Engaging with the difficult task of deconstructing firmly rooted myths, Corner’s main goal is to answer two questions: (1) How far does the affirmation of “many good things” done by Fascism corresponds to the historical reality?; and (2) Why do so many people today share a “permissive memory” of Fascism?
The CEU DI Working Paper series has launched today. The first publication is “Basic Democratic Trust” by Andreas Schedler, Lead Researcher of the DI’s De- and Re-Democratization (DRD) Workgroup.
Although national referenda have become a rare species in post-2010 Hungary, the use of another instrument of plebiscitarian democracy—non-binding informal polls called national consultations—has not only been serving as a legitimization tool of government policies, but it has also been adopted by an opposition movement as a mobilization technique. This article argues that the strategic adoption of populist democratic repertoires, along with their main procedural flaws, is a threat to democratic representation. There is a need to shift discussions toward how these processes can be improved.
In this podcast episode, Teodora Miljojkovic discusses with Nino Tsereteli the roadblocks to Georgia’s accession to the European Union. Their discussion covers how the response from Georgian citizen’s differs from the response of the Georgian government; what reforms are needed in order for Georgia to get closer to the compliance with the Copenhagen criteria; how informal powers negatively impact Georgian governance and how they can be overcome; and if Nino Tsereteli believes the will in both Georgia and the EU remain for progress towards EU accession.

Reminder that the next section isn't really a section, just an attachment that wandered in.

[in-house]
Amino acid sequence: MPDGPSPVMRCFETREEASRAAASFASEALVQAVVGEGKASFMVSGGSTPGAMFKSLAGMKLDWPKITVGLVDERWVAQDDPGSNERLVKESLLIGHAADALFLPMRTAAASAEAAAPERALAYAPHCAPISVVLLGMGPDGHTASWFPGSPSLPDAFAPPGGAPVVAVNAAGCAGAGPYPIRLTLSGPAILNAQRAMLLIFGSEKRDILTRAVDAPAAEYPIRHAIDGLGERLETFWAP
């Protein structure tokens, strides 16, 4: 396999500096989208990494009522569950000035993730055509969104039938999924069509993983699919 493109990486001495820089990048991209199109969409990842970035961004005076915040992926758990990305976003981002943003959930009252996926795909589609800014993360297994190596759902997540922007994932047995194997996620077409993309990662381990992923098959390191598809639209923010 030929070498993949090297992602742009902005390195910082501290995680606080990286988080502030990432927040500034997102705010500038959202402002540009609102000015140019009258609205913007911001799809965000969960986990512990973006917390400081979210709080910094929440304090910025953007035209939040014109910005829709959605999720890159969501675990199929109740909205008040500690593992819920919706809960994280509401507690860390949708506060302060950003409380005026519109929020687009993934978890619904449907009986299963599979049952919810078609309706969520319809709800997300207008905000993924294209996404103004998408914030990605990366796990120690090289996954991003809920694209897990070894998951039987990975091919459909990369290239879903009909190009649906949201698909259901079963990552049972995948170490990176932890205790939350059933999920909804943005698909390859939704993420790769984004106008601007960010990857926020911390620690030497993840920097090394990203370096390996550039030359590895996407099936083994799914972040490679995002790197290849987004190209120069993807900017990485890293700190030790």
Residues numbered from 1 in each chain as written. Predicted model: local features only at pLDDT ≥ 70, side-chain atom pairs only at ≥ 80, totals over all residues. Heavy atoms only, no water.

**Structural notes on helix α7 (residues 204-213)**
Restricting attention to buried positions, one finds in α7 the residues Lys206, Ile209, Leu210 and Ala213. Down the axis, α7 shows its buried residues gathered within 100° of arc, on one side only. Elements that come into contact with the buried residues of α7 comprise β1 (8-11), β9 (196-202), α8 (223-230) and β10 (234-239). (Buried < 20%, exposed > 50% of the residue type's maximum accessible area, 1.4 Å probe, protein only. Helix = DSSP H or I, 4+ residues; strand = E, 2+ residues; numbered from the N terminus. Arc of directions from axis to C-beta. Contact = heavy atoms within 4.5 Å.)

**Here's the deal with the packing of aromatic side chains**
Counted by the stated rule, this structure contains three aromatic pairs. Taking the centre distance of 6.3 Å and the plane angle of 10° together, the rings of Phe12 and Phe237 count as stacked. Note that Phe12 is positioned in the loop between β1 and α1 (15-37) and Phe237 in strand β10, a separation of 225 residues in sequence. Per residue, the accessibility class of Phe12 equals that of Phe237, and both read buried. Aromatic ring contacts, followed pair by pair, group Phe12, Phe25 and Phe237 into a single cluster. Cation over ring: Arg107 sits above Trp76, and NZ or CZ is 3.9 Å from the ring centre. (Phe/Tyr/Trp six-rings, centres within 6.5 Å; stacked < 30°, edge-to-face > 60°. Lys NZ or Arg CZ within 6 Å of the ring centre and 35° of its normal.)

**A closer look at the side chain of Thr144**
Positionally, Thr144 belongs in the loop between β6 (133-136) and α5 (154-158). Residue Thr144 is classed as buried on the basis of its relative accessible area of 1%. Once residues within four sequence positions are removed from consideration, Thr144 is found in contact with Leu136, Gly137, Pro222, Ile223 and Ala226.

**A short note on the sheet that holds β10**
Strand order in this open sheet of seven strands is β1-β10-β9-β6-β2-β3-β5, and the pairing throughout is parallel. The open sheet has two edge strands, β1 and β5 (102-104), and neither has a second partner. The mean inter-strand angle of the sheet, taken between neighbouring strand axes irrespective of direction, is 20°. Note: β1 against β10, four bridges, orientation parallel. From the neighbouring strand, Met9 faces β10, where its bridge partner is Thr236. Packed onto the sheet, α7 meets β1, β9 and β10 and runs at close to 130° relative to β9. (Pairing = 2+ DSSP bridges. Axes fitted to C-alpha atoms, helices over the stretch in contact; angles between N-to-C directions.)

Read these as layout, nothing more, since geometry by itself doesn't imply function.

In this conversation with RevDem editor Ferenc Laczó, Joseph Wong – co-author with Dan Slater of the new monograph “From Development to Democracy. The Transformations of Modern Asia” – discusses when and why regimes have chosen to democratize in modern Asia; how come types rather than levels of development have shaped countries’ democratic prospects; why Singapore and China remain significantly less democratic than one might expect; and how studying the patterns of modern Asia can help us rethink democracy promotion today.
To mark the International Day of Democracy, we present an op-ed by Wolfgang Merkel examining the state of democracy around the world.
Recep Tayyip Erdoğan has dominated Turkish Politics since 2002, but now the country finds itself in a massive economic crisis and the president has never been this unpopular. With elections to be held within a year, the long-oppressed opposition is therefore eyeing a historic opportunity to get rid of Erdoğan and his increasingly authoritarian regime. But what is the state of the Turkish opposition, and are they ready to seize the moment? Kasper Ly Netterstrøm talked about it with Professor Murat Somer from Koç University in Istanbul.
Responding to critiques of their op-ed on why the war in Ukraine should not be discussed using the “democracy vs. autocracy” framework, authors Irina Domurath and Stefano Palestini further develop why orienting the discussion around Russia’s abuse of international law could draw more international support and avoid escalation into a Third World War.
A dictatorship has just brutally attacked its democratic neighbor. It’s not the first time in history that happens, but there are good reasons to see the war in Ukraine as the first one defining the conflict lines of this century.
In this op-ed by Irina Domurath and Stefano Palestini, they discuss the war in Ukraine and why the West should leave behind the narrative that this is a “war of values.”